If you lived in London in the early millennium, you would notice that house prices were considerably low. You could rent a 2 Bedroom apartment in Hither Green for roughly £650 per month. In 2017 in the same local it will cost you just about £1500. While this unprecedented growth may be exciting to some, it is simply unrealistic and unsustainable for what is basic human necessity.
The average city wage stands at a little over £25,000 per annum and has not risen with inflation. While some Government jobs pay London weighting the vast majority of private sector jobs, that is three quarters of the work force have to accept a meagre wage. So how can the many afford to pay rents that have skyrocketed more than 100% in just over a decade? Core Inflation which does not include housing has itself grown less than 3% over the same period meaning business who benefit from high prices have simply not been that well off to keep wages rising to meet the cost of shelter.
The end result is many tenants face evictions for not affording the rent. Migrants with larger savings push UK nationals out of their homes, parents of millennials have to re-mortgage to support children with deposits for mortgages, while lower income families have swelled the waiting lists for non-existent council houses that are now given as priority to asylum seekers. At the same time the Chinese, Russian and Middle Eastern owners of these properties continue to make handsome returns.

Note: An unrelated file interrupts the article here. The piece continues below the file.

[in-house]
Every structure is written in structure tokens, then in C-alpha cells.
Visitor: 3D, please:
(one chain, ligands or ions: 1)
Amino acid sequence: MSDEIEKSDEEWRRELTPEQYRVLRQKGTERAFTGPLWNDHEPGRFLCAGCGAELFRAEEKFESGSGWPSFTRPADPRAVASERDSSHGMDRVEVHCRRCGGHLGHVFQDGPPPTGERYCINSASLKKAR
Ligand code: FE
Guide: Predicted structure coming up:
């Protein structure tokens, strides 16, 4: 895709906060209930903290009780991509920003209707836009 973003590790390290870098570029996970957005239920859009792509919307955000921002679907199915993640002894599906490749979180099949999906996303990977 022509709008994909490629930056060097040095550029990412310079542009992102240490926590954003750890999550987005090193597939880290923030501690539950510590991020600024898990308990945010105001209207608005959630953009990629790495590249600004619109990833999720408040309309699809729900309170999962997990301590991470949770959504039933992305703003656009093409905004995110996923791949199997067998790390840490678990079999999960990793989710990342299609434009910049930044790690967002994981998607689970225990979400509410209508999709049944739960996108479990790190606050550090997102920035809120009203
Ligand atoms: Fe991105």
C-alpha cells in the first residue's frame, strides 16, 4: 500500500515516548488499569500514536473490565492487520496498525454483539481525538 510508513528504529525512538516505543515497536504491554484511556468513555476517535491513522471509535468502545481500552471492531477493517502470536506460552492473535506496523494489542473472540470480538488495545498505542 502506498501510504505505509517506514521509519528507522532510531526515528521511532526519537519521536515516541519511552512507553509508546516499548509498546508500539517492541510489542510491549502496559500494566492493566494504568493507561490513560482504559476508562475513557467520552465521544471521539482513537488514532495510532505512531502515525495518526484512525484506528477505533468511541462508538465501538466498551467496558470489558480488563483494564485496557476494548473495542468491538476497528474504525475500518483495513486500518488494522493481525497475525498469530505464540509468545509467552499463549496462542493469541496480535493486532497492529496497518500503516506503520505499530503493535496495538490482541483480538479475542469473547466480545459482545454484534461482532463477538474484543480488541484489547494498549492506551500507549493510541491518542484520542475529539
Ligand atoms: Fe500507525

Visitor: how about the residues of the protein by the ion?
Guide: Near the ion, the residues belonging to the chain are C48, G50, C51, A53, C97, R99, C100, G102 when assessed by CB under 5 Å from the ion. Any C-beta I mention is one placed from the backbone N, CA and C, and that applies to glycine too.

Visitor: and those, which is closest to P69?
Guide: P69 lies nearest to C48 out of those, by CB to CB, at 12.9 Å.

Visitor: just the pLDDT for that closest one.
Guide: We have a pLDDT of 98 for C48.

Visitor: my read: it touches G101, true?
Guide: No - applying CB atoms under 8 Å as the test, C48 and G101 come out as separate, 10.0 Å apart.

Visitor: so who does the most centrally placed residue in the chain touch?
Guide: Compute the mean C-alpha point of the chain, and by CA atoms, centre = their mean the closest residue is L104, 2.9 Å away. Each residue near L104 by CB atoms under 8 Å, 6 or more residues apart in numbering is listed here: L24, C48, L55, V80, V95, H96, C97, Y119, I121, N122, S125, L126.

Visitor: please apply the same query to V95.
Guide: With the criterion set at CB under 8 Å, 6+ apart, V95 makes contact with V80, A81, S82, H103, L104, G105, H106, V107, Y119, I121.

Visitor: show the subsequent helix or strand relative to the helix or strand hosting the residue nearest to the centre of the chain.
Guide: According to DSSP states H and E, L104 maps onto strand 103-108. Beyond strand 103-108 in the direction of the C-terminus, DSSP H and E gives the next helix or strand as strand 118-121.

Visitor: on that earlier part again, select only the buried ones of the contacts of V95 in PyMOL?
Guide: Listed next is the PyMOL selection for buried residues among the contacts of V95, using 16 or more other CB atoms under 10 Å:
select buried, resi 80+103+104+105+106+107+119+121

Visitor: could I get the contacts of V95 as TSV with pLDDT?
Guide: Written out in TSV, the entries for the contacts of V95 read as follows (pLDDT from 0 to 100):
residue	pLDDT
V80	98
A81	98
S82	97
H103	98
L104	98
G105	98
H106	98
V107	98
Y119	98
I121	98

Don’t get me wrong, I am as progressive as they come but the reality is that we are ruining our society for the next generation. So what can be done?
I believe that using house ownership as a means of gaining citizenship is wrong. How to gain UK residency article.
The above BBC article shows the constraints of the regular non-EU migrant wishing to move to the UK and super rich non-EU migrants. If I am not mistaken with housing being an investment, the super rich simply need one or two Mayfair homes to qualify, this causes an influx of “we don’t want to know where the money came from” investment. This kind of investment should be restricted to individuals who are bringing certain type of business investments and skills rather than just being super rich.
This is the UK’s GDP growth rate over the past 3 decades with the exception of a few spikes in the 1970’s it has never really exceeded 3%; so what is all the fuss about the super rich? They simply add no value to the economy because of their tax hiding habits.
A welcome idea is rent controls and restrictions on the buy-to-let market. An individual should not be allowed to burrow money at exorbitant rates simply because someone will pay the rent. I am in favour of a fixed interest rate on buy-to-let mortgages and council led price caps on rent in London boroughs. There should also be accessibility for first time buyers to get on the housing ladder, meaning like the United States a mortgage should be a given and homeowners should be restricted from renting first homes for profit under these special mortgages. This will drive house prices down and the value of houses will rise in line with excess demand.
Councils should relax rules on greenbelt land similar to what is happening in Wales and encourage more innovative eco self-build projects on such land. Telegraph article on Greenbelt development.
This may seem far fetched but if we are going to solve the housing crisis in London we have to start thinking out of the box.